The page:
Posted on Wednesday, April 4th, 2012 by Angie Han
That Gary Ross‘ The Hunger Games would get a sequel was practically a forgone conclusion before the film ever opened. Now that it’s officially become a hit, drawing in $368 million to date, it’s an absolutely sure bet that we’ll see Katniss, Gale and Peeta again on the big screen before long. Less certain, however, is whether writer-director Ross will return for the second installment, Catching Fire. While stars Jennifer Lawrence, Josh Hutcherson, and Liam Hemsworth are locked in for the sequel, Ross is not, and he’s reportedly battling with the studio for a hefty pay raise. More details after the jump.
According to anonymous sources with knowledge of the situation, Ross’ negotiations for the first movie were already fairly tough. Ross demanded a paycheck in line with his experience (he’s previously directed Pleasantville and Seabiscuit), whereas Lionsgate wasn’t “accustomed to paying seasoned filmmaker fees,” as THR put it. Ultimately, Ross took in $3 million to write and direct, plus 5% of backend. Following the success of The Hunger Games, Ross is now asking for significantly more money to helm Catching Fire and isn’t eager to bargain. The studio, on the other hand, wants to start production on the film this fall for a November 2013 opening, and so is hurrying to get the matter resolved.
Given the commercial and critical success of the first Hunger Games movie, it seems to be in both sides’ best interest for Ross to get back on board. And indeed, “sources involved with the franchise” say that Ross and the studio will likely “work it out.”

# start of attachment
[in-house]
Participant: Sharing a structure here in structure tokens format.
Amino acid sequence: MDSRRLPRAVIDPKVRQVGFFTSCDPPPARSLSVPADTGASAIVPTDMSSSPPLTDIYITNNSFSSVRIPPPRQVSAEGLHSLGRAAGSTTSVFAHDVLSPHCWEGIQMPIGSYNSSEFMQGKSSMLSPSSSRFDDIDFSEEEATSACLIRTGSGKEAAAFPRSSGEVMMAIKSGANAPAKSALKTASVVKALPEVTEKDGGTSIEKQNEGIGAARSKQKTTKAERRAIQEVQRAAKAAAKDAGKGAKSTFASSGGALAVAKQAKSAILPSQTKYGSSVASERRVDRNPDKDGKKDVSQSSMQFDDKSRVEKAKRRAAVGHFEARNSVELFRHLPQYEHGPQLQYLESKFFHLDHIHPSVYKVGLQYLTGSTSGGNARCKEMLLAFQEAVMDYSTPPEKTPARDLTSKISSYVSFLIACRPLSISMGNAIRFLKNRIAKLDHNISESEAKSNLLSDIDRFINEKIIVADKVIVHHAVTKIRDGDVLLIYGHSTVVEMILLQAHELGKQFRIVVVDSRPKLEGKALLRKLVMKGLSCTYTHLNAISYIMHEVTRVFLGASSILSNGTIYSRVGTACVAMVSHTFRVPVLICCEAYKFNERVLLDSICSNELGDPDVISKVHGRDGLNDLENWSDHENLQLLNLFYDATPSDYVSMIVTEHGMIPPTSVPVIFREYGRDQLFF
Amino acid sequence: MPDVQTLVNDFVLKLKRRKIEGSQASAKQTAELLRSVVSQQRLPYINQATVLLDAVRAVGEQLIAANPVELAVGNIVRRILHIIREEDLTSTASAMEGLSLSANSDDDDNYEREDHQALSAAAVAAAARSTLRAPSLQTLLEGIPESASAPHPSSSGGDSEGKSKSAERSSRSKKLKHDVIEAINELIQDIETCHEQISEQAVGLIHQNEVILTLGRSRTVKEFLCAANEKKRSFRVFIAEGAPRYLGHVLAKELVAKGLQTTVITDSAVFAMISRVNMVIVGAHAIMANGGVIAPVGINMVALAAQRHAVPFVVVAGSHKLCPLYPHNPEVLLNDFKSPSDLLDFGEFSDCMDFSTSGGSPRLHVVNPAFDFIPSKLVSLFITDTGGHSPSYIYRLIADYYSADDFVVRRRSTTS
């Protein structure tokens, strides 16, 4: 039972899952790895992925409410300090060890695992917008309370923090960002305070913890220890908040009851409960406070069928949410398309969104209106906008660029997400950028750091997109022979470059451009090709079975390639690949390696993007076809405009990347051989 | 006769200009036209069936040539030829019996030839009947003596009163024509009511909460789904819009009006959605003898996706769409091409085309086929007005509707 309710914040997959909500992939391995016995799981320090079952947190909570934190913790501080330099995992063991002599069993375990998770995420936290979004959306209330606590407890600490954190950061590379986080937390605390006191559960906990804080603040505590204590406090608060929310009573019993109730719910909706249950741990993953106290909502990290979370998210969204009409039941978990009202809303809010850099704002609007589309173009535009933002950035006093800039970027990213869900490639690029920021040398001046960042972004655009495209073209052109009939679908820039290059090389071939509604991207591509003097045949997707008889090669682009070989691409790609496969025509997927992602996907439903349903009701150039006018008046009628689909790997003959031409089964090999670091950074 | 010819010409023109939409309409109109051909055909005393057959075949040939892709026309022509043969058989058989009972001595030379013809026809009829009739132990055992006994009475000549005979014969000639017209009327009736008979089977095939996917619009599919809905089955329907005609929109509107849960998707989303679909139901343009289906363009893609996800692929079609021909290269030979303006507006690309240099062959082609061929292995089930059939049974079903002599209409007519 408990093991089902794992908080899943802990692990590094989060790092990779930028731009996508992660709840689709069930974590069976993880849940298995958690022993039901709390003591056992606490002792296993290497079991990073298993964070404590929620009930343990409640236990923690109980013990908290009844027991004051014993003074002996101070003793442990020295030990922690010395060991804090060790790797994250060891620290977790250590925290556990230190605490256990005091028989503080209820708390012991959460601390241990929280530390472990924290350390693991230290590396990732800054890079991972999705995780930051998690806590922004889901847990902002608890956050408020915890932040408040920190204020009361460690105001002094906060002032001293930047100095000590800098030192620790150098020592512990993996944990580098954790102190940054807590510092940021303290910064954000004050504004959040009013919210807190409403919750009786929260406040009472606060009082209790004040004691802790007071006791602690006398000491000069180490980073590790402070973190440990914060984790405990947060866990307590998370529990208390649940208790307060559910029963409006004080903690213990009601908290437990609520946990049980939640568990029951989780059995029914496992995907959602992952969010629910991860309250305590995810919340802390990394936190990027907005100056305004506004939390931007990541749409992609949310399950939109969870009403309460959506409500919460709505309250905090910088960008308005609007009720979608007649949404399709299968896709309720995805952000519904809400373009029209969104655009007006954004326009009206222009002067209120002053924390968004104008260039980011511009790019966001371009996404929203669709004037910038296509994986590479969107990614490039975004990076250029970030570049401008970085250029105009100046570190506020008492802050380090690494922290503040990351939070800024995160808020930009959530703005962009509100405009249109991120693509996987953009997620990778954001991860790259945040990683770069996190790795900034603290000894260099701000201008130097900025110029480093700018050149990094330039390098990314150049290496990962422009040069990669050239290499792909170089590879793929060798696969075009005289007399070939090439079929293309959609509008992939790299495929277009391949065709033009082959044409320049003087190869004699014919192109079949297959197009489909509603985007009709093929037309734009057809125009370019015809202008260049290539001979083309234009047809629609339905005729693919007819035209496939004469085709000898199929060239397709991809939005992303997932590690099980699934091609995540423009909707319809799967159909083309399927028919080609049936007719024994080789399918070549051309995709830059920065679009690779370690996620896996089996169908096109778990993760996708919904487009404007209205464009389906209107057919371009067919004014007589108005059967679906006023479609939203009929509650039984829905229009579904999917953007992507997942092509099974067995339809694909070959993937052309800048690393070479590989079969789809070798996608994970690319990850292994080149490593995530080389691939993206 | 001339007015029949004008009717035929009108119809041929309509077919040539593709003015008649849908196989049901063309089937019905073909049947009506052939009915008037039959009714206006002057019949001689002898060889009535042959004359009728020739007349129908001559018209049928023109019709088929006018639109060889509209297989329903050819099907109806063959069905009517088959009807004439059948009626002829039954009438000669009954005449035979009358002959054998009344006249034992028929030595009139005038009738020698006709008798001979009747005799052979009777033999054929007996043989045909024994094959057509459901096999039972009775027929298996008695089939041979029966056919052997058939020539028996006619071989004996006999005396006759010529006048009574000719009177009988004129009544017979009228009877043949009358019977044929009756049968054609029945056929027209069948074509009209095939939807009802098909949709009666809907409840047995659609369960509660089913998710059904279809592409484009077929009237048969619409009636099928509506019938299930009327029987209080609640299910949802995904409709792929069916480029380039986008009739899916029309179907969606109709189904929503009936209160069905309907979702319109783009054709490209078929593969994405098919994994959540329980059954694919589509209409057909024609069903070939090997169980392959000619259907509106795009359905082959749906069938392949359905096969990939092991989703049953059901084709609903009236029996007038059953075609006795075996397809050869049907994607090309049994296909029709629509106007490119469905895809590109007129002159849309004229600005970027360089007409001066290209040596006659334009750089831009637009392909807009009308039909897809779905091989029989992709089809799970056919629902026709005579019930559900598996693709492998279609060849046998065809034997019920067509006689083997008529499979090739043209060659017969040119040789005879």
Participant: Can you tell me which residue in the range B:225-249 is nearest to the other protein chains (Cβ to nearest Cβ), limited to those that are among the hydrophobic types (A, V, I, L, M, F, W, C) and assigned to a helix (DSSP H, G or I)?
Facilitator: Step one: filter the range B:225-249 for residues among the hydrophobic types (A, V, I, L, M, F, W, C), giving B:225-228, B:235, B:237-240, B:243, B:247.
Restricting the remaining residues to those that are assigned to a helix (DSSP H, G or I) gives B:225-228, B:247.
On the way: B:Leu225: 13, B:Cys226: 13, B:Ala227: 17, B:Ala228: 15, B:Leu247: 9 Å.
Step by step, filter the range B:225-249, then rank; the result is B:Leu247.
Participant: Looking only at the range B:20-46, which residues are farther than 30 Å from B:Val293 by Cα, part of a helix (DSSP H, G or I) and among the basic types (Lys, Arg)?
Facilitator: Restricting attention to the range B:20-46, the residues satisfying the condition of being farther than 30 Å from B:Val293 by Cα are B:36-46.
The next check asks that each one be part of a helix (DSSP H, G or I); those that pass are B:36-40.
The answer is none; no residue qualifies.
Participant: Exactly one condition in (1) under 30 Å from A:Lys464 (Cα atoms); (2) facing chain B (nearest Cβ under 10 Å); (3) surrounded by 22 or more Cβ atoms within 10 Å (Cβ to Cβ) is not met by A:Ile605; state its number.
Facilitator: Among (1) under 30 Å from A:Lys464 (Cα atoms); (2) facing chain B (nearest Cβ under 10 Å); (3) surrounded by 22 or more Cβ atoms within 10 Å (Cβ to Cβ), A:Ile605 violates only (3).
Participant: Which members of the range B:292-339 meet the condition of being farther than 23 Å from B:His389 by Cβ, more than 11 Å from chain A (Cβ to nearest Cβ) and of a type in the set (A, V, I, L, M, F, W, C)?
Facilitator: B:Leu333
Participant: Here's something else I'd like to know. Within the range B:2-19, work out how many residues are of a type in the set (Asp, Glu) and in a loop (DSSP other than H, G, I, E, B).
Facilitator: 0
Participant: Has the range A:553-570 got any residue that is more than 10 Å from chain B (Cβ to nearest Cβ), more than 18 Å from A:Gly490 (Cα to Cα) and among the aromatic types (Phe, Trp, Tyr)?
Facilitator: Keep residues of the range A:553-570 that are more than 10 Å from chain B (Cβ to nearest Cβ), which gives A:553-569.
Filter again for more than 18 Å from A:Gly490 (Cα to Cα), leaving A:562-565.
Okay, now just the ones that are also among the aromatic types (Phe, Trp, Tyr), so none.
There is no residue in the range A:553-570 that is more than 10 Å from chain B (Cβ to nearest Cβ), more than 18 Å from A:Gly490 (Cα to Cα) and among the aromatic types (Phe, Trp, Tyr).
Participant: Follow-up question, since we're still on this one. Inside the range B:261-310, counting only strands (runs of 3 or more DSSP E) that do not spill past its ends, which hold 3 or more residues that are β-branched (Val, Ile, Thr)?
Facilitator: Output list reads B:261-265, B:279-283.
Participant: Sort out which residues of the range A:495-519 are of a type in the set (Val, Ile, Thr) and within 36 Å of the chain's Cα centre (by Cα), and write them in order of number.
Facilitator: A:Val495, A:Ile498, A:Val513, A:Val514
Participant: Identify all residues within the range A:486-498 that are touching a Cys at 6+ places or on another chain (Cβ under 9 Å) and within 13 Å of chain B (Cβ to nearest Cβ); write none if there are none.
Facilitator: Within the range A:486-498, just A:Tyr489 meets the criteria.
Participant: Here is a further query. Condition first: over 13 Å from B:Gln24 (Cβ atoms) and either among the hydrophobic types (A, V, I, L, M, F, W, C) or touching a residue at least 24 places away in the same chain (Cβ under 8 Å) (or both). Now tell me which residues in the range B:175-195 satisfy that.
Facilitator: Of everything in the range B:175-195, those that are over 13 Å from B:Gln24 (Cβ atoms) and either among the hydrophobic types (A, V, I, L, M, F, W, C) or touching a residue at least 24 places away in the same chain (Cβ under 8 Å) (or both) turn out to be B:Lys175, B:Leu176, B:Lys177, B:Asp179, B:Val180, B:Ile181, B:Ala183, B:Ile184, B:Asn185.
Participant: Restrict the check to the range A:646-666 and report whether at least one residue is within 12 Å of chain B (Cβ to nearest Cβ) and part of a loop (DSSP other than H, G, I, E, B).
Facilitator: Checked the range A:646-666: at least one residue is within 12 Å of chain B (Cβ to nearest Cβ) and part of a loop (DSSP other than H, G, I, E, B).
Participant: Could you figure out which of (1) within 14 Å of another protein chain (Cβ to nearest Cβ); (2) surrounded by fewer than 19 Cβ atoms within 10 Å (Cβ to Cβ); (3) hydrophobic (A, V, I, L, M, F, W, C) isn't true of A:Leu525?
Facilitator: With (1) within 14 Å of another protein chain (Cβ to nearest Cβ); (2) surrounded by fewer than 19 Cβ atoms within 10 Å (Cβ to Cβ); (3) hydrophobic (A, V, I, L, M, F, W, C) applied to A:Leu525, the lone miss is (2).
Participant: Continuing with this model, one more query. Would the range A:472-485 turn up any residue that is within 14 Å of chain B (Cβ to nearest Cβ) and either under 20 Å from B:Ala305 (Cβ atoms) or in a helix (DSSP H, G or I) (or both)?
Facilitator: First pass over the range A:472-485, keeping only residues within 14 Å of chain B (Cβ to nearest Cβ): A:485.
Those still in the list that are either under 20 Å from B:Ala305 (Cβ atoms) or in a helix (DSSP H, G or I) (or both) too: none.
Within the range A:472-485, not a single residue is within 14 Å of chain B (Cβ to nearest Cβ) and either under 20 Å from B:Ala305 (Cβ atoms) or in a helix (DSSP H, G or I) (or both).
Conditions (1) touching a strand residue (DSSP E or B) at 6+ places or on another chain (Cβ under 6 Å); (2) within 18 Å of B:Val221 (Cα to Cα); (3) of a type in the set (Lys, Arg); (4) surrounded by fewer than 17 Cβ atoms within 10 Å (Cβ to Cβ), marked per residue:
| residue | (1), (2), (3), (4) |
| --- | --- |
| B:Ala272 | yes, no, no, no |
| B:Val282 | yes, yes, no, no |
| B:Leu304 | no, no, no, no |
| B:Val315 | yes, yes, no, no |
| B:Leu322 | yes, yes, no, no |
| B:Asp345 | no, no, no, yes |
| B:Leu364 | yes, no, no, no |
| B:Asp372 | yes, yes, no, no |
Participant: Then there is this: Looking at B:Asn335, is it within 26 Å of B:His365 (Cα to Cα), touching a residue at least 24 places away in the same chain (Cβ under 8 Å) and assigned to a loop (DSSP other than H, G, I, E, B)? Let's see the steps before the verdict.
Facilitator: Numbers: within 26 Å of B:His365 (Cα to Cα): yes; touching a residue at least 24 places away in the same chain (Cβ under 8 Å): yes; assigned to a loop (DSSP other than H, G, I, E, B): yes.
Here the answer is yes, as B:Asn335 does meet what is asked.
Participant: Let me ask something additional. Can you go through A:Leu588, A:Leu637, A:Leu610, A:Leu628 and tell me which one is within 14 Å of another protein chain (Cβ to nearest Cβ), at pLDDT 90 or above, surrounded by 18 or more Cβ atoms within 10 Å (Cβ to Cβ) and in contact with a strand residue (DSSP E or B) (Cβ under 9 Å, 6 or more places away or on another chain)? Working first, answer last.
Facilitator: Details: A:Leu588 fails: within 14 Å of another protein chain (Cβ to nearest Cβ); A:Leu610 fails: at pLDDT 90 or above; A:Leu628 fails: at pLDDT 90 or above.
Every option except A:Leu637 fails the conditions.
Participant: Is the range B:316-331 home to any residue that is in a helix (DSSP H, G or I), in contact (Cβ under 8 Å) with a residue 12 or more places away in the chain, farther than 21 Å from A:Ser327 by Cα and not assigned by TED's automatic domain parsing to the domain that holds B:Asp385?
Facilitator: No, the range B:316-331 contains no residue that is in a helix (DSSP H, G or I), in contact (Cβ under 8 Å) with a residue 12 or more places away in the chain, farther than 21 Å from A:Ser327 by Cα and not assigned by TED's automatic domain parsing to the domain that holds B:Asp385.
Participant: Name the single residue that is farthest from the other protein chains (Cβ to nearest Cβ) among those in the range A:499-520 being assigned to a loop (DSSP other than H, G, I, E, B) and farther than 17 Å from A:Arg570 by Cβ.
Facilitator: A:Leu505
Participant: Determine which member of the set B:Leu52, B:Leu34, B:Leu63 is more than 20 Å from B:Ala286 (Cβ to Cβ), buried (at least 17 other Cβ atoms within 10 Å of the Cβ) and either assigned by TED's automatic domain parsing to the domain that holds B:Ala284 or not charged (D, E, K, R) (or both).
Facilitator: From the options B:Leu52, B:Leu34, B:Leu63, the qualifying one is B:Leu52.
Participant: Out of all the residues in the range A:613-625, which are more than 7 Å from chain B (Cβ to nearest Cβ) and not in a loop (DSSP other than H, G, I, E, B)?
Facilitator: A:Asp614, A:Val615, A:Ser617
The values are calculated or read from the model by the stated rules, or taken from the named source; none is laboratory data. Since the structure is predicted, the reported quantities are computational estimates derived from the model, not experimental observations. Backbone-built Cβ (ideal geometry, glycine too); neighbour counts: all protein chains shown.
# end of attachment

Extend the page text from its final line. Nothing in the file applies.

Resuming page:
Still, if Ross really does leave the series, it wouldn’t be the first time a literary franchise has dropped its original director. Harry Potter went through four directors over the course of eight films, while The Twilight Saga has had four different helmers for its five installments. When the source material already has a big enough fanbase, as in the case of those franchises or comic book movies, fans are likely to return no matter who ends up in the director’s chair. For Ross’ part, The Hunger Games‘ performance should lead to a number of options for his next project, so it’s not entirely inconceivable that he could stumble across a different project that appeals to him more.
Discuss: Is it important to you that Ross return for Catching Fire? And if he really does end up jumping ship, whom would you like to see take over the franchise?